Thailand will return to the finals of the continental championship 18 months from now for the first time since co-hosting the event in 2007, and Rajevac is aiming to turn the War Elephants into a team capable of matching the best in Asia.
“We have already lost our chance to qualify for the  World Cup,” the Serb, who led Ghana to the quarter-finals of the 2010 World Cup in South Africa, told www.the-afc.com.
“Still, there are a few matches to be played at the end of this competition. Of course, the Asian Cup is going to take place in 18 months from now. So it’s definitely time to start building a new group and a team who can challenge at the AFC Asian Cup.
“Of course, my target is to try to bring Thailand among the best Asian teams – at the level of Australia, Japan and South Korea in the future. That would be great.”
However, it is unclear if Rajevac will be in charge when the 2019 Asian Cup arrives as he has singed only a one-year contract with the Football Association of Thailand (FAT).
Thai football has been undergoing a resurgence at Asian level in recent years, with the country advancing to the final phase of qualifiers for Russia 2018 and also making the AFC U23 Championship finals last year in Qatar.
But the gap between Rajevac’s new charges and the summit of the Asian game remains significant.
Thailand have yet to win a match in Asia’s final World Cup qualifying for the 2018 tournament, but the Serbian coach believes he has already seen improvements since taking over in May.
“There is a lot of time ahead of us and I wouldn’t have accepted this challenge if I didn’t think It was possible and realistic,” he said.
“But it’s a hard task. We need to change many things, in terms of everything to try to achieve that level. It’s not a small gap in terms of quality between these countries, if you look at the rankings.
“But if we have a good approach with professional work and a lot of commitment and dedication from everybody we can do it. They still have to learn a lot of things, but I believe they have the potential to improve and challenge the other teams at the next Asian Cup in the UAE in 18 months.”
Rajevac has led his team through four games so far, with Thailand losing to Uzbekistan in a friendly in Tashkent before being denied their first ever win in the final phase of World Cup qualifying by a late Ali Mabkhout goal in their 1-1 draw with the UAE in Bangkok last month.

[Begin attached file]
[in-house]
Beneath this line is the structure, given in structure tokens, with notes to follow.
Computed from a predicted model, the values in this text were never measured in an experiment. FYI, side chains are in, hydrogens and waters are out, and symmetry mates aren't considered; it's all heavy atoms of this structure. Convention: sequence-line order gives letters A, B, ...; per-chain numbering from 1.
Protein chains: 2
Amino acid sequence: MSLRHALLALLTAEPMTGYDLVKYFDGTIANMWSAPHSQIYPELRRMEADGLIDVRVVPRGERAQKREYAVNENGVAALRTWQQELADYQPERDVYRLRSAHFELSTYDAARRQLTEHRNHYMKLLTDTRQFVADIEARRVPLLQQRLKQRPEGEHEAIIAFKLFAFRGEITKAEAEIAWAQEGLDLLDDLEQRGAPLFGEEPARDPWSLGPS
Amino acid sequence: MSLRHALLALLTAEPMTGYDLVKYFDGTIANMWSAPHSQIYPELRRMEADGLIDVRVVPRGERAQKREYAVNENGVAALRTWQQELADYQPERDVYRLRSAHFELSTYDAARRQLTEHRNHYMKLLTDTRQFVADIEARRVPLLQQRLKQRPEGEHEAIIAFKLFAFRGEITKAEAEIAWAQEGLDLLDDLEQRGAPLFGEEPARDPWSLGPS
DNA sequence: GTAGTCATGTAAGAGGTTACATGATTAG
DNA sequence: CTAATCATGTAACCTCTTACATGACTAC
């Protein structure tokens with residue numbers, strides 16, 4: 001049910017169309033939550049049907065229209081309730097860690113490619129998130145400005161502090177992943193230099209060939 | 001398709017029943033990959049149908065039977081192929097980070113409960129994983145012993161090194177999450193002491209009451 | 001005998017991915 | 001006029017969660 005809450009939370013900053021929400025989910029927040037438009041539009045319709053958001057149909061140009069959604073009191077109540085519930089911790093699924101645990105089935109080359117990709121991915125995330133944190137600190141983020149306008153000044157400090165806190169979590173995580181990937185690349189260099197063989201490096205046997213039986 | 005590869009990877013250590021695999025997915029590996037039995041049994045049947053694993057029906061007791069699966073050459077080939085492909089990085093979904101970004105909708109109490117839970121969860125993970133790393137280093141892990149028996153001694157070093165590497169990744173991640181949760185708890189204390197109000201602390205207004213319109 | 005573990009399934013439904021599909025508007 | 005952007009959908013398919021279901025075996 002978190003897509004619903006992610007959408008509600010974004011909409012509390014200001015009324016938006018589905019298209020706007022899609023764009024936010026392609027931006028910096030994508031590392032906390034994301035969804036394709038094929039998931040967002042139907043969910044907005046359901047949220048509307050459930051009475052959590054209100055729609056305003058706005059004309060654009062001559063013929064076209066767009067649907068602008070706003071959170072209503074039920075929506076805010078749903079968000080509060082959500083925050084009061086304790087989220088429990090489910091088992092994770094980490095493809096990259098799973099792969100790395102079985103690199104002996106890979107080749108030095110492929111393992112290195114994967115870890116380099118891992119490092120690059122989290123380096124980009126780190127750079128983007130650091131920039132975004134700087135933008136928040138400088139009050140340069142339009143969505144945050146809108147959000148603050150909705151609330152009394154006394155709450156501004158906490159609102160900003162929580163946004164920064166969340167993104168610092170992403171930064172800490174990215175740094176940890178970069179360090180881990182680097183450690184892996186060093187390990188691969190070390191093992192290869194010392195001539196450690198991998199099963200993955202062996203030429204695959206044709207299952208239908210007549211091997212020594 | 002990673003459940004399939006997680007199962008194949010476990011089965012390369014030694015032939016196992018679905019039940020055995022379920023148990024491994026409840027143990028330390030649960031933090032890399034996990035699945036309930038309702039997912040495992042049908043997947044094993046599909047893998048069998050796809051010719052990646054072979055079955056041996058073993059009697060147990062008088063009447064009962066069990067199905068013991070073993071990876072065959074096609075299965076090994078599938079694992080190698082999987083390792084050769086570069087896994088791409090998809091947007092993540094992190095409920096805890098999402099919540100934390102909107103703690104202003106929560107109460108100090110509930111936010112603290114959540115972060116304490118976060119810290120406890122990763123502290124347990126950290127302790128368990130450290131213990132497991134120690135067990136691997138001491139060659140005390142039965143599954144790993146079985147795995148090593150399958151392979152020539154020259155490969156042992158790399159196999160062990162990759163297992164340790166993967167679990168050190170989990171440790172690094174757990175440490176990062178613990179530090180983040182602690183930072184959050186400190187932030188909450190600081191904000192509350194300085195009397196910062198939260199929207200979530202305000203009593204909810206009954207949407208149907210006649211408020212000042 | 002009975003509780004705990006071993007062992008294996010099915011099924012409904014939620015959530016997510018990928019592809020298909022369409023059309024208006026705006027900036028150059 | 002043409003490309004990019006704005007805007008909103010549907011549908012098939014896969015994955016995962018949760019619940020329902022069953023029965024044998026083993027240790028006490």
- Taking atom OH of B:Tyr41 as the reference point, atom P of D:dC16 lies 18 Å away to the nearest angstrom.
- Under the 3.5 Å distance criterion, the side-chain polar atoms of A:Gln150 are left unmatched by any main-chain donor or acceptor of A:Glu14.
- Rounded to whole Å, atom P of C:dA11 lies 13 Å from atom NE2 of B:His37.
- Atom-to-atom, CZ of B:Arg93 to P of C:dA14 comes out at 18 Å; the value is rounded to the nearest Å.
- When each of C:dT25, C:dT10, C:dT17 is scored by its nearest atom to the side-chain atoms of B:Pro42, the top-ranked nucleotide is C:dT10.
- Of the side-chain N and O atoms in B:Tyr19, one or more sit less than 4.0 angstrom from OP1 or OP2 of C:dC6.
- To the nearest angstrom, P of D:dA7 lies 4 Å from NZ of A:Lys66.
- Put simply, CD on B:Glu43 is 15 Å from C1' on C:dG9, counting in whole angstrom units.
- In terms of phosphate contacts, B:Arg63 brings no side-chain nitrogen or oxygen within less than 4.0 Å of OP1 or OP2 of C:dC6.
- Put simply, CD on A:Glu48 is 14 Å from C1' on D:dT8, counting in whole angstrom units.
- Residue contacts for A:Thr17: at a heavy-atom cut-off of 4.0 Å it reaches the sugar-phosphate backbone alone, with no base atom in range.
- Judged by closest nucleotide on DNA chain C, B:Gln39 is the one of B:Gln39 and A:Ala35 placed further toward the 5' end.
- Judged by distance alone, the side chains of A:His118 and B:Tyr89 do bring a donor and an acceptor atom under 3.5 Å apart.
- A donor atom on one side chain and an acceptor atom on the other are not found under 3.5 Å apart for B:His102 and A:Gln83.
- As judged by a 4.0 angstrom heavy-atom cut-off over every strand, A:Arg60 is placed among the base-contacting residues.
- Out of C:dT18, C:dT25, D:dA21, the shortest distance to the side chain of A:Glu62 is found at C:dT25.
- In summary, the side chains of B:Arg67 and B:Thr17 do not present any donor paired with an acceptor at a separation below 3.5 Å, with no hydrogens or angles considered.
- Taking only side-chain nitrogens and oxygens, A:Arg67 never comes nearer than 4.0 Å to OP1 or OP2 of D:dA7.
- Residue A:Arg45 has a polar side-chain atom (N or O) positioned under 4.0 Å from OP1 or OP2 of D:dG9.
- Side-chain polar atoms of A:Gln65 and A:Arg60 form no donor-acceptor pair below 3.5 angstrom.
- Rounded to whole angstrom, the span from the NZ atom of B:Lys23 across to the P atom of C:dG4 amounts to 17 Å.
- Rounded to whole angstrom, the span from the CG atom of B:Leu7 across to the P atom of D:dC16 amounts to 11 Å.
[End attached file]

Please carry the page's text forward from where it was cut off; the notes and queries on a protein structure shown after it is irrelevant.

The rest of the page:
The team followed those results with victory in the annual four-team King’s Cup this month, defeating North Korea in the first game before a penalty shoot-out win over Belarus gave Thailand the title.
“The good things here are that the people have passion and the determination and desire to succeed,” he said.
“They really like football here, but on the other hand there are a few problems we noticed from day one.
“If you look at the league, and the national team too, they are conceding many goals in the last 20 minutes. It can be as a result of inadequate fitness preparation or a lack of concentration, so we have to combine these two things to try to improve the level of fitness and also to approach this in terms of psychological preparation to overcome this problem for the future.
“This is definitely something we have to cope with. Of course, in the other areas, in terms of technical and tactical it can always be better, so we are going to try our best to improve all the other things, especially the tactical preparation.”
Thailand will next host Iraq in the World Cup qualifying round in Bangkok on Aug 31 before their final game at Australia in September.
Rajevac has replaced Kiatisak Senamuang, who quit in February after heavy defeats in the World Cup qualifying campaign.
He has won praise from FAT president Pol Gen Somyot Poompunmuang.
“I hope that we will be able to maintain our high standards in our future assignments as well,” he said after the King’s Cup.
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